Seaside development could be managed by Ocean House firm
Waterford — The property of the former Seaside Regional Center for the developmentally disabled may one day boast a luxury inn managed by Ocean House Management LLC, but neighbors of the property remain wary of any commercial development on the property.
Farmington-based developer Mark Steiner and members of his development team, including Ocean House President and Managing Director Daniel Hostettler, focused their energy Wednesday at the Planning and Zoning Commission’s public hearing for zoning changes to the Seaside Preservation Zoning District on convincing hearing attendees that proposed development will not disrupt the surrounding community.
Hostettler announced during the meeting that Ocean House’s plans to advise Steiner in developing a luxury inn at the former Seaside Regional Center and would manage the inn. He emphasized in his announcement that the company’s properties in Westerly — the Ocean House at Watch Hill and Weekapaug Inn — are both located in residential areas.
“We have maintained an extremely strong relationship with the town of Westerly and our surrounding neighbors in the community,” he said.
Ocean House is not providing financing for the development, according to Hostettler.
Steiner has proposed changing the zoning regulations of the property off Shore Road to allow for construction of an inn with a maximum of 40 lodging rooms and privatizing the roads inside the prospective condominium and resort development. His current master plan includes 104 units, down from 122 in a plan he had proposed in 2012.
Steiner said that the decision to add an inn was economically driven and that he decided upon it while seeking financing after presenting his previous master plan in 2012. He said the inn would facilitate better amenities to condo residents than a housing community could offer, such as a larger gym, housekeeping services and 24-hour security.
He also said that the market for housing for residents 55 and older, for which the parcel was zoned before Steiner sought zoning changes in 2011, had shrunk, and it was no longer viable to plan on building such a development.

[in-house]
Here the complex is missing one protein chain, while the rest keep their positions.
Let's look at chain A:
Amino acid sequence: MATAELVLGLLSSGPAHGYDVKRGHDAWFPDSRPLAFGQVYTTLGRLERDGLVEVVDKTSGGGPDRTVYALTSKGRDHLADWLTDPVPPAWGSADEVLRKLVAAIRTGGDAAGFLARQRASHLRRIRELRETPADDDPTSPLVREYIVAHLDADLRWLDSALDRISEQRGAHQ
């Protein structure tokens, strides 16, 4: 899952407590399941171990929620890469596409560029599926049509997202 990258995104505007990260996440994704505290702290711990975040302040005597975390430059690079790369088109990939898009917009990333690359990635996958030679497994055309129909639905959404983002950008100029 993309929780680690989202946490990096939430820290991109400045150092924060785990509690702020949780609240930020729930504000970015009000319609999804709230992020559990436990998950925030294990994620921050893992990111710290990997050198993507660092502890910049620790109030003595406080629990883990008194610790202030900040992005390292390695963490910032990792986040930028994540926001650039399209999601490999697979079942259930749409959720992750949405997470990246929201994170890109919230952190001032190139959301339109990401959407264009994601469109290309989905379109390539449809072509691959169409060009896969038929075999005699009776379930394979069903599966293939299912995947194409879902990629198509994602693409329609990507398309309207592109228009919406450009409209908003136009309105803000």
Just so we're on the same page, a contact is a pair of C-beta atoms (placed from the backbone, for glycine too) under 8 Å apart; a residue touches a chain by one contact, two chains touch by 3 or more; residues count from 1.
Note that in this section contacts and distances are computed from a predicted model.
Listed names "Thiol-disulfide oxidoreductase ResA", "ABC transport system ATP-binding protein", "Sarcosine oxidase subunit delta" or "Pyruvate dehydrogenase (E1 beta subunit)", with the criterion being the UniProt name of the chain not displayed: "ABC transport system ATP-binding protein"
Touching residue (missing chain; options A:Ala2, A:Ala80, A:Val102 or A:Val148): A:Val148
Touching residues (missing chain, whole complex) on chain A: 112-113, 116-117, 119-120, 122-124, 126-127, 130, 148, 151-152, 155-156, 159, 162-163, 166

“You have to know, from my perspective, how seriously I took this because we reduced the number of units in this project from 122 to 104,” Steiner said.
Traffic engineer Michael Galante, who worked on the traffic report submitted as part of the hearing, said his firm projected that the inn would generate less traffic than the medical facility that was previously there would have. He also said Great Neck Road and Shore Road show capacity for more traffic flow.
“These roads are actually lightly used,” said Galante, who is executive vice president of planning and transportation consulting firm Frederick P. Clark Associates Inc.
Landscape architect Michael Cegan, with Richter and Cegan Inc., said that shrubbery and open spaces would provide a buffer between the development and surrounding single-family homes.
Neighbors questioned the accuracy of the transportation report and also said they doubted the described buffer would be sufficient.
Magonk Point Road resident Alan Jacques said that when he worked at the Seaside Regional Center, 100 of the roughly 300 staff lived on site and so never drove on and off the premises. He also expressed concern over possible noise from the inn, which would include a banquet facility and restaurant. He said he could hear concerts from Harkness Memorial State Park, even though it is farther away than Seaside.
Neighbors called on the commission to use its legislative power to stop the zoning changes from going through.
Edward Lamoureux, who lives in Ridgewood Park, commented on the fact that the proposed changes are the third set that Steiner has proposed. Steiner first proposed zoning changes in 2003, according to Steiner’s attorney Lewis Wise.
“I call on you to really look at this and say this is really far from the tree that the apple fell from,” he said.
Jacques’ wife Kathy waxed poetic, telling the commission, “Our neighborhood right now is our kingdom and the zoning commission, you are the defender of our realm.”
State Rep. Betsy Ritter, D-Waterford, attended the hearing and said during a break that she was also concerned about how the zoning had changed over time and what adding a commercial use such as an inn would mean for the neighborhood.
“That’s a very different use in a neighborhood, in a residential neighborhood,” she said.
Cheryl Larder, who is on the Board of Finance and does not live near Seaside, told the commission that amending zoning regulations inevitably drags out the project timeline.
“What I want to suggest is every single time a text amendment comes before you, there’s a process that comes after that,” she said. She explained that neighbors would appeal any changes granted and if changes weren’t granted, Steiner would file an appeal.
The Planning and Zoning Commission decided not to ask Steiner questions during the hearing, though time was allotted for that. Commissioner Dana Award decided not to recuse himself from the hearings, as Wise had previously requested. Award’s house abuts the Seaside property.
The public hearing is set to continue at 6:30 p.m. July 16 at Town Hall.
Stories that may interest you
The 290th birthday of what some historians consider to be the true first leader of the fledgling United States of America was noted in a wreath-laying ceremony in Norwich.
He’s vivacious, enjoys sunshine from his multi-story cat condo, and doesn’t mind if a human lets him lick the plate.
The Luce Bros. menhaden processing plant once stood where the Rocky Neck State Park pavilion is now located.
Fishermen and residents gathered in the rain Sunday to remember the 41 Town Dock fishermen lost at sea and to pray for the success and safety of current fleet members.